“The Lord Has Made Known His Salvation” — Kenneth Moore

The children of God must understand that He sees and knows our struggles. He sees every heartache and every tear; He is not emotionally distant from what we are going through. God understands our suffering, and He allows us to petition Him for guidance and comfort. The Psalms demonstrate this fact, showing the deepest emotions of their writers. Thematically present through certain kinds of Psalms are the laments of God’s faithful, often echoes of our own hearts in times of trouble and sorrow (e.g., Ps. 13).

If psalms of lamentation echo your heart today, I cannot promise to answer your every question or calm your every fear. However, God’s desire is for us to know and trust in His character as our deliverer. Yes, our Lord’s salvific power is worth pondering, even if we struggle to comprehend it. At countless times, God has sheltered His people with care and protection. The three stanzas of Psalm 98 offer reminders of these truths, ultimately showing that our Deliverer is worthy of our praise. The 98th Psalm is by no means a psalm of lamentation, but it ought to inform our attitude as we trust in His power to save.

The first verse opens the psalm with worship, as the psalmist shows that God is worthy of a “new song.” Though our songs may naturally repeat, may they never grow monotonous. We must never approach God with tired praise and recycled worship, but we must approach Him as though it is our first and last time to do so. It is a great privilege to worship God, and it should not grow stale. We must approach wholeheartedly because he has done “marvelous” things that only a miracle-working and salvation-bringing God can do. The Israelites bring glory and honor to His name, as His might and holiness have brought them out of trouble. He has acted personally and powerfully on the Israelites’ behalf; He seeks to do the same for us.

The second and third verses elaborate on God’s salvation, as He has “made (it) known,” having revealed it to all the nations (v. 2). His righteousness is undeniable, even to those outside the nation of Israel. The Israelites sing about the sovereignty and justice of God, emphasizing His splendor. The text then says that God has “remembered his steadfast love and faithfulness” to Israel (v. 3). By this, the psalmist is not speaking of God as having forgotten something until reminded. He is speaking of the God who always remembers! The Israelites are praising God, who is our unendingly righteous, loving, and faithful deliverer. There is no point in time in which He is not trustworthy, and the whole world can clearly perceive that through what He has done for Israel. Already, the psalmist calls God’s people to remember His power, faithfulness, and presence.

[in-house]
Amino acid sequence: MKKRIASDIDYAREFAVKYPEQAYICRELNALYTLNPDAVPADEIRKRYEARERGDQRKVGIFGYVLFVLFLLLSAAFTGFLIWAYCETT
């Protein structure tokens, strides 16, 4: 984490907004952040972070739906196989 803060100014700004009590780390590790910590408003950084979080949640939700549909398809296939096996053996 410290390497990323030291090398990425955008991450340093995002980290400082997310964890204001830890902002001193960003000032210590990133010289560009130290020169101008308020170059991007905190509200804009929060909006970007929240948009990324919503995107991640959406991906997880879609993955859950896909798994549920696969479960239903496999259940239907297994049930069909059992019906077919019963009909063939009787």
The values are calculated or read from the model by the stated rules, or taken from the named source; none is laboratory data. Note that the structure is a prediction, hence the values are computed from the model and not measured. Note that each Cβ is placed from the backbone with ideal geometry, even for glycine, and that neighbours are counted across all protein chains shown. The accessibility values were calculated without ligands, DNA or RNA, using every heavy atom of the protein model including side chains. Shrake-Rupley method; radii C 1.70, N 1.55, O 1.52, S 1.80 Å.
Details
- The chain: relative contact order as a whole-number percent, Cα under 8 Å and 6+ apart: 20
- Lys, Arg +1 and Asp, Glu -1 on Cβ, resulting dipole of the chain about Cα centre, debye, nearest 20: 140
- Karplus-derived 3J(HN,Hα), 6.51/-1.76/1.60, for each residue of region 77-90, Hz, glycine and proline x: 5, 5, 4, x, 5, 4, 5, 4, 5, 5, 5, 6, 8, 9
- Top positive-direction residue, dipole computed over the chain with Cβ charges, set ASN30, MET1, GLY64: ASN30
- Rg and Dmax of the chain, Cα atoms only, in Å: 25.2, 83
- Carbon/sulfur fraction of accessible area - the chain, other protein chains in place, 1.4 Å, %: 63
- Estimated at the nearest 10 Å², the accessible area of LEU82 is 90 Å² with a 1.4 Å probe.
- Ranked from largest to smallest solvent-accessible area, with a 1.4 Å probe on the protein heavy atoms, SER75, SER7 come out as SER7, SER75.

The next several verses expound on the fact that God is worthy of worship. Worship to God should be “joyful,” with a multitude of jubilant cries in praise to His name (v. 4). God is worthy of this praise from all inhabitants of the earth, and He is worthy of even more. The Israelites worship Him with the lyre, giving added praise with “trumpets and the sound of the horn” (vs. 5-6). Christians do not worship in the manner of the Hebrews (Matt. 26:30; Acts 16:25), as we do not follow the commands of Moses but of Christ (Deut. 18:15; Matt. 17:1-8). However, we still should sing in a heartfelt manner (Eph. 5:19), apart from the physical embellishments of the Old Law. Despite this, we must not clarify these verses as we read; we should instead mirror the passion exemplified in them. Moreover, the most crucial words of verse six are those that indicate the recipient of our praise: “the King, the Lord!” He is our Lord, He is our deliverer, and He is the King over all creation.

His kingship is shown through the personification present in verses 7-8. The sea in all its fullness should “roar,” and the world should echo its lauding; the rivers “clap their hands” and the hills “sing for joy together.” Pantheism is nowhere readable in this context, nor any commentary on Christian worship. Rather, the truth of the creation’s subjection to its Creator is clear; if the physical world could praise God, it would be obligated to do so. If that is true, then what is stopping humanity from giving God the praise that He deserves?

Finally, verse nine indicates that the Lord is the judge of all the nations. It may confuse us that the psalmist remarks of God’s justice in the same writing that emphasizes His deliverance, love, and faithfulness. However, note that the psalmist never speaks of the Lord’s judgment with unwarranted fear, as the Lord judges with “righteousness” and “equity.” Recall that God’s righteousness and kindness are seen in all He does (Ps. 145:17); His judgment will be no exception.

Our initial focus on suffering is not lost on me.  Neither am I claiming that every issue of human suffering has a simple answer; claiming otherwise would be the height of insensitivity.  However, there is a respone we are able to have to our suffering, seeing to the fact that God has already figured out a solution.  After all the loss Job had endured, he “tore his robe and shave his head and fell on the ground and worshiped” (Job 1:20).  Worship and submission to God may not bring us answers, and it may not make our problems easier.  However, it does provide us with countless reminders of God’s character.  Remember, Christian, that the Lord is able and willing to save.  For that and more, He is worthy of our most passionate worship.

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